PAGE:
With emcee, Steve Dickison
Presented in conjunction with the Poetry Coalition
Cosponsored by The Poetry Center and the Paul K. Longmore Institute on Disability, SF State
We welcome people with disabilities and want to do what we can to make this event accessible to you. *** ASL interpretation and Live Captioning will be provided. *** Media captioning will be available after the event at our YouTube channel and at Poetry Center Digital Archive.
Supported by a grant from the Andrew W. Mellon Foundation to the Academy of American Poets in support of Poetry Coalition programs
...There are names each thing has for itself,
and beneath us the other order already moves.
It is burning.
It is dreaming.
It is waking up.
—Linda Hogan, from "Map"
The Poetry Center, in conjunction with the Poetry Coalition, presents one in a series of programs across the country during March and April around this shared topic. Four poets, whose work is recognized for its address to ideas of justice, to our global climate crisis, and to the effects of colonialism and racial capitalism, read from their work and join in conversation with one another and, time permitting, in response to questions from the audience. Ed Roberson, Tiffany Higgins, Eli Clare, and Lehua M. Taitano will be joined by emcee, Steve Dickison.
Ed Roberson is the author of many books of poetry, including the newly released Asked What Has Changed (Wesleyan University Press, 2021) and the forthcoming MPH and Other Road Poems (Verge Books, 2021). A former special programs administrator at Rutgers University’s Cook Campus, Roberson has lived in Chicago since 2004 and is an emeritus professor in Northwestern University’s MFA creative writing program. He has also held posts at the University of Chicago, Columbia College, the University of California, Berkeley, and the Cave Canem retreat for black writers. His honors include the Jackson Poetry Prize, the Shelley Memorial Award, the Ruth Lilly Poetry Prize, the Lila Wallace-Reader’s Digest Writers’ Award, and the African American Literature and Culture Association’s Stephen Henderson Critics Award. Born and raised in Pittsburgh, Roberson has worked as a limnologist’s assistant (conducting research on inland and coastal fresh water systems in Alaska’s Aleutian Islands and in Bermuda), as a diver for the Pittsburgh Aquazoo, in an advertising graphics agency, and in the Pittsburgh steel mills.
Tiffany Higgins, a 2022 Fulbright scholar to Brazil’s Amazon, writes on Brazil and the environment. As well as translating from Portuguese, she is the author of two collections of poems, And Aeneas Stares into Her Helmet (2009), selected by Evie Shockley as the winner of the 2008 Carolina Wren Press Poetry Prize, and the long-poem chapbook, The Apparition at Fort Bragg. Her poetry, literary translation from Portuguese, and journalism appear in Granta, Mongabay, Poetry, and elsewhere. She was the 2020 Annie Clark Tanner Fellow in Environmental Humanities at the University of Utah.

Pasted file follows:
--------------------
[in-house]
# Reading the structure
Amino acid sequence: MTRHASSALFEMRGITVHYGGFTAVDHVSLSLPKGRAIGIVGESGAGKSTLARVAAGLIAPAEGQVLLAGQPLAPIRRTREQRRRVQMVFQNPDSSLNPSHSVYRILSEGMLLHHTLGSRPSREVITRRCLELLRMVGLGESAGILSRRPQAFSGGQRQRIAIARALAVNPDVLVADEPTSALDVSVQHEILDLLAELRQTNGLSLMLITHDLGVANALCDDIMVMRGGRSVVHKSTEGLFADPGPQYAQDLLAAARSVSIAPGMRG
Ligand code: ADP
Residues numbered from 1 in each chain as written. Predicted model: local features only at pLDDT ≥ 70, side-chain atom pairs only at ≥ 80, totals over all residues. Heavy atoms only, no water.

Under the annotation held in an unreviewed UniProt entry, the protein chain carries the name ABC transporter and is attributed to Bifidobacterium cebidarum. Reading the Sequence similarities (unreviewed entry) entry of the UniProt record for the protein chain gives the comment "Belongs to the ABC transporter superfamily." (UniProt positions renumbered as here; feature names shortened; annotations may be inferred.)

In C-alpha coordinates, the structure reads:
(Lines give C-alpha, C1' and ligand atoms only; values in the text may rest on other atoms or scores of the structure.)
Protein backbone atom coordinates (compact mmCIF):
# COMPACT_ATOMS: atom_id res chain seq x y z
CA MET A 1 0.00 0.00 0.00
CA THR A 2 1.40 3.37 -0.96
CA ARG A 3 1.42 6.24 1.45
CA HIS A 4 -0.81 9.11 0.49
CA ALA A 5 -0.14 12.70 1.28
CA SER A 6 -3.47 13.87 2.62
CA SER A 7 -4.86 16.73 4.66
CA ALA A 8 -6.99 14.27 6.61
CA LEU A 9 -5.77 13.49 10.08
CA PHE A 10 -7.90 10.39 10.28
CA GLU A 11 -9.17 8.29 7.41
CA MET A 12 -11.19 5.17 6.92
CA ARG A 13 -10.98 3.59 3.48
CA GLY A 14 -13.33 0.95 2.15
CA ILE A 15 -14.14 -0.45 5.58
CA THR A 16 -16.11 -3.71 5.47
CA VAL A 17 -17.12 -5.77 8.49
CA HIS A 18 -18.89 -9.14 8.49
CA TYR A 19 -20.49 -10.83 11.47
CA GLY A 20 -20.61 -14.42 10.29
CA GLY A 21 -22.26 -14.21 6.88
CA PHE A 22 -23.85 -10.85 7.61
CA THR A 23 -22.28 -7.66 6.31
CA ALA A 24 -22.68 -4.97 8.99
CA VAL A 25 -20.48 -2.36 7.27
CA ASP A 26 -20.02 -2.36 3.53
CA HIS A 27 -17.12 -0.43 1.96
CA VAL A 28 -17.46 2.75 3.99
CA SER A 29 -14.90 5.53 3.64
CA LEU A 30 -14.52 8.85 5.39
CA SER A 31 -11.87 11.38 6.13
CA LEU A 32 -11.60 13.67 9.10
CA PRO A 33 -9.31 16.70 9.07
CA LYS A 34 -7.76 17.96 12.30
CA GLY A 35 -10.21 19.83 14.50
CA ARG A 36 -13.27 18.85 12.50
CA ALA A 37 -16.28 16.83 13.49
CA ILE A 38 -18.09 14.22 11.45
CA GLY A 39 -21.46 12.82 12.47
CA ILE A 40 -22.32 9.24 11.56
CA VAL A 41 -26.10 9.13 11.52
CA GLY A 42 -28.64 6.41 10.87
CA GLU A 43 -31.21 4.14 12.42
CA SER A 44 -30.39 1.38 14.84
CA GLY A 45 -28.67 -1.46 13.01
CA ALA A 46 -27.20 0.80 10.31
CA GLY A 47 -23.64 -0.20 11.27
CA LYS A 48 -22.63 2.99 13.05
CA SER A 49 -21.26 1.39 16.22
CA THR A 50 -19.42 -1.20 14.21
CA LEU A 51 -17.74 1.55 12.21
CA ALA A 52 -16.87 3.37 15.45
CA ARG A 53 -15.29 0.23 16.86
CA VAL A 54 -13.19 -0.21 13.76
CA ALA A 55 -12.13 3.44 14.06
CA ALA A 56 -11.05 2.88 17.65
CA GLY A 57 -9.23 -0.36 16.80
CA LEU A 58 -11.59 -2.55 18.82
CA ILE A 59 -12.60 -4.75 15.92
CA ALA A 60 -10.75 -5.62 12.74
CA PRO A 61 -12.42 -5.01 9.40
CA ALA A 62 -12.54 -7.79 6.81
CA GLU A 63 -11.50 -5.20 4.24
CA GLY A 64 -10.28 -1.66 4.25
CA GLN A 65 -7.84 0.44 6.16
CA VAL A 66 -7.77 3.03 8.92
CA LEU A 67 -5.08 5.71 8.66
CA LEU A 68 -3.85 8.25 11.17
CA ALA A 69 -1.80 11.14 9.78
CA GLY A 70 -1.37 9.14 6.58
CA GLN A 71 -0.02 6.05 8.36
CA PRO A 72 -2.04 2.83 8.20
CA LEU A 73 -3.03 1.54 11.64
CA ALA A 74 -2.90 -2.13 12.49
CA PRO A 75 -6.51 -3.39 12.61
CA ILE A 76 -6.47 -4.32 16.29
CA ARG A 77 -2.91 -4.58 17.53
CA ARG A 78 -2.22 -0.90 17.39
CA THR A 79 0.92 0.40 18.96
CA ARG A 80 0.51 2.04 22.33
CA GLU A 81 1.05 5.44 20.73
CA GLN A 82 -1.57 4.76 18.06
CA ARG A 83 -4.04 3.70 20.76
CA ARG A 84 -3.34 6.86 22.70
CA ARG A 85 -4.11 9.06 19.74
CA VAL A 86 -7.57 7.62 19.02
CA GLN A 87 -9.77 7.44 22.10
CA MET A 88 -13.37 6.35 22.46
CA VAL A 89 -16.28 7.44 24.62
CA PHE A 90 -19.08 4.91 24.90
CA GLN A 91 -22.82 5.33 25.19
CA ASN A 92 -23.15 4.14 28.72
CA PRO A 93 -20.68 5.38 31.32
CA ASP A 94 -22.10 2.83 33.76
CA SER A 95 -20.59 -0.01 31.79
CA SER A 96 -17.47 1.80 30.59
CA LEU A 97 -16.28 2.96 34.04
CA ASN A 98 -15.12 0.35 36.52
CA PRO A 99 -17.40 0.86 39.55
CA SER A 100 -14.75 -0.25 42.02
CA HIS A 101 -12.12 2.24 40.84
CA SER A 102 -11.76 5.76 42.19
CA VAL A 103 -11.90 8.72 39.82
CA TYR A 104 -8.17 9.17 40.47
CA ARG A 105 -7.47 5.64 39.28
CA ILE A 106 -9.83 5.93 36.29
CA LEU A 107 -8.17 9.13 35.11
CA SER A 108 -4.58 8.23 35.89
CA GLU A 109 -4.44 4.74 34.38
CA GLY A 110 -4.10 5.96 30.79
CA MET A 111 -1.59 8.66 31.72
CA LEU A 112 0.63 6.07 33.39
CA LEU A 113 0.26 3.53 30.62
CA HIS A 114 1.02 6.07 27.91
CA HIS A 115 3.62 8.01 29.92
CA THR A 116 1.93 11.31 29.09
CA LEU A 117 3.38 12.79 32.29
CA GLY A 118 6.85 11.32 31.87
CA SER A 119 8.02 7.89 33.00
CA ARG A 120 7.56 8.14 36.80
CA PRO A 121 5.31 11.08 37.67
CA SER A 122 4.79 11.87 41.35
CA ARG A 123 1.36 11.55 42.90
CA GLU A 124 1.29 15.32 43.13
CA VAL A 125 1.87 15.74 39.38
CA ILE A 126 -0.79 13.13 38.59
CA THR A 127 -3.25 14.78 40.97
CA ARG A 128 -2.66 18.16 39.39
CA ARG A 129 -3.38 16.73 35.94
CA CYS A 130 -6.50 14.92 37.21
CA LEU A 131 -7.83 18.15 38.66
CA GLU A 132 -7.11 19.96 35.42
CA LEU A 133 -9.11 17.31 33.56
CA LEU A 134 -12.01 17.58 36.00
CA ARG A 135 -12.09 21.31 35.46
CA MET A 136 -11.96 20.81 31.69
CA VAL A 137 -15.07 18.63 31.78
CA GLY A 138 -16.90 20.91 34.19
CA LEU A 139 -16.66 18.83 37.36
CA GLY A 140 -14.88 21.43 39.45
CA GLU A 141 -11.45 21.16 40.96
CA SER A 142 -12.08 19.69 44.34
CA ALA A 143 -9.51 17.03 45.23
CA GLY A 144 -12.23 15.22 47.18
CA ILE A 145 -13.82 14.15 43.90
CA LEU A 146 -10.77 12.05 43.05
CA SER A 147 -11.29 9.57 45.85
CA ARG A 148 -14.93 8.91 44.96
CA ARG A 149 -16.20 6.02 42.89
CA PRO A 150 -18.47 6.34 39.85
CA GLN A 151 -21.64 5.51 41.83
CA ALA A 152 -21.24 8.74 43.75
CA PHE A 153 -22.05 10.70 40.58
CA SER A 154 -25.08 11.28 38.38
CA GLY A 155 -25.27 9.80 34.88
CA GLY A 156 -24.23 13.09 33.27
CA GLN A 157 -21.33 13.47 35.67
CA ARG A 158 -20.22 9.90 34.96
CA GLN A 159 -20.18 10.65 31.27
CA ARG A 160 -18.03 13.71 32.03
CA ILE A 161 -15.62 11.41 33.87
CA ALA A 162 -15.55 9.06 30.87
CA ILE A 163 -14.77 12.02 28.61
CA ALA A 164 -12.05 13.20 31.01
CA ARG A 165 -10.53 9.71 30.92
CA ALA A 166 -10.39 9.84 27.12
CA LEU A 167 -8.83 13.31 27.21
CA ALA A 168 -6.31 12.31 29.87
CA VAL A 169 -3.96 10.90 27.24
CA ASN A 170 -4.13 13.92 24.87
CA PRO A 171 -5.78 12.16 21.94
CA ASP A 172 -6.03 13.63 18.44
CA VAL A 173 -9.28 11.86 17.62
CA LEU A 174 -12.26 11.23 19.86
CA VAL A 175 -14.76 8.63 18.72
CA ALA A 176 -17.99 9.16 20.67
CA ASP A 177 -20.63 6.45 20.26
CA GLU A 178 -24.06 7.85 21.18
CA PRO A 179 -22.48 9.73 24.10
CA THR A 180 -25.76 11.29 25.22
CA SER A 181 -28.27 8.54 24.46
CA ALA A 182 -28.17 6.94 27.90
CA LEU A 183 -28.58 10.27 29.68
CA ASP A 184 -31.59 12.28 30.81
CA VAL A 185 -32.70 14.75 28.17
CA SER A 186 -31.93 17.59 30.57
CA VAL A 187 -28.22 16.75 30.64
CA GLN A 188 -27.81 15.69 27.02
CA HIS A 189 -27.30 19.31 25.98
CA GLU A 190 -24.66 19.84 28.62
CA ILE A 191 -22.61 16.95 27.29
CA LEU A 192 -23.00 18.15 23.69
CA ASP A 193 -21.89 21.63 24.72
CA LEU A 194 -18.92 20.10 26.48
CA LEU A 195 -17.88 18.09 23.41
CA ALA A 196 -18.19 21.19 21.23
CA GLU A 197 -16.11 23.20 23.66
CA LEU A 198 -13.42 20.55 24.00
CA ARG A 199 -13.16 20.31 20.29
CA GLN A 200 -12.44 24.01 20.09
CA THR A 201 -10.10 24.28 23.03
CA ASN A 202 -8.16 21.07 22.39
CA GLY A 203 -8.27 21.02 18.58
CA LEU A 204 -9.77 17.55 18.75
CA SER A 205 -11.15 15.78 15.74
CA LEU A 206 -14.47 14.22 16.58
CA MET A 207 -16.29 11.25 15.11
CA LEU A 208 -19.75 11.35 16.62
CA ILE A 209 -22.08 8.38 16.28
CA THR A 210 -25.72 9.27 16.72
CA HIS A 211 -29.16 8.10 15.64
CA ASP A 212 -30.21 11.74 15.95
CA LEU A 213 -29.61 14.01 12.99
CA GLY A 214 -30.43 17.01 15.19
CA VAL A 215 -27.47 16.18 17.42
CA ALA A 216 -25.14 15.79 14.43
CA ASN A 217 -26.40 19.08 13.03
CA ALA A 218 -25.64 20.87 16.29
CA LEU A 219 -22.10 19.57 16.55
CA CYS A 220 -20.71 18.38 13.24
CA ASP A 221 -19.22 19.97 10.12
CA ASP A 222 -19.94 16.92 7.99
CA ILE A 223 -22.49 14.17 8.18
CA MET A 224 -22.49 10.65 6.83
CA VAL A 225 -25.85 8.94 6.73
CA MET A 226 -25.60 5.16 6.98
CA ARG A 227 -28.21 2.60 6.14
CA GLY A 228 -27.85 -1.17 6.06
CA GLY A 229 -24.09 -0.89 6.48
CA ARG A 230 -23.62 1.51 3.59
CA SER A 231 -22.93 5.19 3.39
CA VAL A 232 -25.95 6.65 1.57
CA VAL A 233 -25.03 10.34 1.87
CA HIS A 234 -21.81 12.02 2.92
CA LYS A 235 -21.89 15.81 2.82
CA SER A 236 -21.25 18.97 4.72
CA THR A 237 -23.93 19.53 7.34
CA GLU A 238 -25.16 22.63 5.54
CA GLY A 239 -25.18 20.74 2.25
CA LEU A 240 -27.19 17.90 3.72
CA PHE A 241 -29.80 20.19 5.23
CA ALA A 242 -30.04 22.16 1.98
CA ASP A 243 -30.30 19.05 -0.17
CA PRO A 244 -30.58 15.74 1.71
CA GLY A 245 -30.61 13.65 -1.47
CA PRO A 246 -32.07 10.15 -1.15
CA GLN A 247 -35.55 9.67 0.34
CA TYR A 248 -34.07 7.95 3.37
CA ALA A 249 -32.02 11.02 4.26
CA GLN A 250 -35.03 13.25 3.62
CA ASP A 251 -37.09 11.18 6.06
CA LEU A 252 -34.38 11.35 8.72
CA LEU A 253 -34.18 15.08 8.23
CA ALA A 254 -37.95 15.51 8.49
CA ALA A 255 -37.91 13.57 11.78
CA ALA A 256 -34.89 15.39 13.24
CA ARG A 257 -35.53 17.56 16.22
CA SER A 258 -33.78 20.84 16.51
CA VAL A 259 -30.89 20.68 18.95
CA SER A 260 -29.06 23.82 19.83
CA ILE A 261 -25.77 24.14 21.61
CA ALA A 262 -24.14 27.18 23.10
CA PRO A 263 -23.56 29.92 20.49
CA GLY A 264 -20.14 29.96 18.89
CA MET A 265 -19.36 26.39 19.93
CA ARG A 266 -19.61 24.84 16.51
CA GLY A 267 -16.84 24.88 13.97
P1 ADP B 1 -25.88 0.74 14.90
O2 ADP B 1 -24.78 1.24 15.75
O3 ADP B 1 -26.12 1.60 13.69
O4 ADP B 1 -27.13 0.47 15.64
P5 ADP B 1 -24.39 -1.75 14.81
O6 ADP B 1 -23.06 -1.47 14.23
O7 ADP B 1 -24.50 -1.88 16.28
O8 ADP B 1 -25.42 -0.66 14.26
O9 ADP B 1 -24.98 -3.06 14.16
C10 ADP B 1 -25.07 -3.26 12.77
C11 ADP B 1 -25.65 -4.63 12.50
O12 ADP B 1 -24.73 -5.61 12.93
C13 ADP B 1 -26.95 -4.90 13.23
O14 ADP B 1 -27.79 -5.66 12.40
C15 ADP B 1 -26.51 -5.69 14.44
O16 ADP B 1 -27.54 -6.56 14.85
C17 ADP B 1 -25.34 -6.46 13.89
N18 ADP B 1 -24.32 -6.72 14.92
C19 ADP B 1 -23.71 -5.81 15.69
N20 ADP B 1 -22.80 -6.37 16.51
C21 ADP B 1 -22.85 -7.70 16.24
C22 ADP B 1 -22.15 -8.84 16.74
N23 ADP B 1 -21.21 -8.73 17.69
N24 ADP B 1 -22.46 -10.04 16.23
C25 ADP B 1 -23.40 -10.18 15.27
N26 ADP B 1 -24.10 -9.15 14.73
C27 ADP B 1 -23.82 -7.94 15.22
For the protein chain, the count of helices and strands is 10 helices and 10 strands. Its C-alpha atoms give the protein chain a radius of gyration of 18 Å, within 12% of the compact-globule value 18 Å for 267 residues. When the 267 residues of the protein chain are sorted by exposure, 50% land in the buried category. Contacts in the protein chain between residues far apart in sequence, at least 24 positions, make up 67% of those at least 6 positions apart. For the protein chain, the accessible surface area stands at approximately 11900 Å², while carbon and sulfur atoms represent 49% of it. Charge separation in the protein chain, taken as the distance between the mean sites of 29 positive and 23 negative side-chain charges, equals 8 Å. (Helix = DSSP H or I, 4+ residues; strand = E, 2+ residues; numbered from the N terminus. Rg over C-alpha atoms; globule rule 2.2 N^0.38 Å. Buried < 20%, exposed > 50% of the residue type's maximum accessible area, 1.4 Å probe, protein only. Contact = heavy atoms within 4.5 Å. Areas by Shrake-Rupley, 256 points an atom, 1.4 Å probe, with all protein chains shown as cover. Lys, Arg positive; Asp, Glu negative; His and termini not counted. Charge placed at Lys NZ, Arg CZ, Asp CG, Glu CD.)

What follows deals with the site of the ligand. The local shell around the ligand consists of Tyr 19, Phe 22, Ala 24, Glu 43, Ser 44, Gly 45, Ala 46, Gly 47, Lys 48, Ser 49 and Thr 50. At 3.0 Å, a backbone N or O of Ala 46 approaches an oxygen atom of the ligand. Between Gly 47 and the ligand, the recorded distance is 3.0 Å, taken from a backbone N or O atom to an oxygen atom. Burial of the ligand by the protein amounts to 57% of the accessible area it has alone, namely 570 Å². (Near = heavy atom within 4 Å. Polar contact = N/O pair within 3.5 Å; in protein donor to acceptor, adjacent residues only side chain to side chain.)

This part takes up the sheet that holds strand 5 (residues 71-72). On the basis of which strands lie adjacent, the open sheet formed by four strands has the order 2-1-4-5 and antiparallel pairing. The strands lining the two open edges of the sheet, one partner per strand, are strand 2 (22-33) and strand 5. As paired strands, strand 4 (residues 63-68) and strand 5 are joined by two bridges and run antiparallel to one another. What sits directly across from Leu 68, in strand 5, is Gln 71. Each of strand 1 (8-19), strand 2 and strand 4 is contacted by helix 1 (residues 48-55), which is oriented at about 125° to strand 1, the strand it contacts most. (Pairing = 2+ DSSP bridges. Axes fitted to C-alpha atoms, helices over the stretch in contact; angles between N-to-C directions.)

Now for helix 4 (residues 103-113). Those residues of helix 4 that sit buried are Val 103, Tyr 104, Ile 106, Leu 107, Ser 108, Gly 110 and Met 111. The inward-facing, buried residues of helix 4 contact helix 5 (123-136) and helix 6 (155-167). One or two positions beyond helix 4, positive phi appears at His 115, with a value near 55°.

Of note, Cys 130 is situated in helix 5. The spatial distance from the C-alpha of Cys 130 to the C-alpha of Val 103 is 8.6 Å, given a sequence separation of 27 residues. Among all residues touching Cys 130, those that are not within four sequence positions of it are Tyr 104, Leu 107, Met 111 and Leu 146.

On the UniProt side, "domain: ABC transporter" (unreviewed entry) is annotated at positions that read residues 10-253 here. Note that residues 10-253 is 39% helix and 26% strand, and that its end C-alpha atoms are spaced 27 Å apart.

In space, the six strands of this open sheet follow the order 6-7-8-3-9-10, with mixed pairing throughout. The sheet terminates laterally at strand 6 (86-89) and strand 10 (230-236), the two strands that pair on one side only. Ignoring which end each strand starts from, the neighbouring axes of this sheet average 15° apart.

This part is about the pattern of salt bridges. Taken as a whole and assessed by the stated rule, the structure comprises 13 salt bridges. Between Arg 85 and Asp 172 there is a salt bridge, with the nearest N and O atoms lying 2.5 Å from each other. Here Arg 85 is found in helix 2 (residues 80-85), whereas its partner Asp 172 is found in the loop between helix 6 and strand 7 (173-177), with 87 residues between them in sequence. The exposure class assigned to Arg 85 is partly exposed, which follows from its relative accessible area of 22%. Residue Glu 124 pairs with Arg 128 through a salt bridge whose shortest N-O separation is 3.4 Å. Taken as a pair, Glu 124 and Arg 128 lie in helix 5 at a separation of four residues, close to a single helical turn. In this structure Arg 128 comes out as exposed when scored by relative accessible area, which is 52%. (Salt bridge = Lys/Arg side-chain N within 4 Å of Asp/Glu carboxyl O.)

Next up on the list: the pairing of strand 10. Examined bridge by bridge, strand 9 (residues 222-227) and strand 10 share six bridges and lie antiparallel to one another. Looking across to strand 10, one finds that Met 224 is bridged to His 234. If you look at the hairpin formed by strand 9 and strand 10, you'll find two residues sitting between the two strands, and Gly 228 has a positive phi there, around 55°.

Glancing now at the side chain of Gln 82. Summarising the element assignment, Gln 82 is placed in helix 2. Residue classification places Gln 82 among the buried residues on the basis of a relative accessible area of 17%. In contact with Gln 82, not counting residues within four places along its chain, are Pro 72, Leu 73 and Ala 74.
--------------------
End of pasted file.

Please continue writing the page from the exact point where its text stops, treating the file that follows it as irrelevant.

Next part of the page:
Eli Clare. White, disabled, and genderqueer, Eli Clare lives near Lake Champlain in occupied Abenaki territory (also known as Vermont) where he writes and proudly claims a penchant for rabble-rousing. He has written two books of creative non-fiction, the award-winning Brilliant Imperfection: Grappling with Cure (Duke U Press, 2017) and Exile and Pride: Disability, Queerness, and Liberation, and a collection of poetry, The Marrow's Telling: Words in Motion, and has been published in many periodicals and anthologies. Eli speaks, teaches, and facilitates all over the United States and Canada at conferences, community events, and colleges about disability, queer and trans identities, and social justice. He is currently a University at Buffalo Center for Diversity Innovation Distinguished Visiting Scholar. Among other pursuits, he has walked across the United States for peace, coordinated a rape prevention program, and helped organize the first ever Queerness and Disability Conference. More here.
Lehua M. Taitano is a queer CHamoru writer and interdisciplinary artist from Yigu, Guåhan (Guam) and co-founder of Art 25: Art in the Twenty-fifth Century. She is the author of two volumes of poetry—Inside Me an Island and A Bell Made of Stones, and her chapbook, appalachiapacific, won the Merriam-Frontier Award for short fiction. She has two recent chapbooks of poetry and visual art: Sonoma and Capacity. Her poetry, essays, and Pushcart Prize-nominated fiction have been published internationally. She is the recipient of a 2019 Eliza So Fellowship and the 2019 Summer Poet-in-Residence at The Poetry Center at The University of Arizona. She has served as an APAture Featured Literary Artist via Kearny Street Workshop, a Kuwentuhan poet via The Poetry Center at SFSU, and as a Culture Lab visual artist and curatorial advisor for the Smithsonian Institute’s Asian Pacific American Center. Taitano’s work investigates modern indigeneity, decolonization, and cultural identity in the context of diaspora. Future Ancestors, Art 25’s collaboration with Jocelyn Kapumealani Ng, was part of AFTER LIFE (we survive), Winter 2021–22 at Yerba Buena Center for the Arts in San Francisco. More here.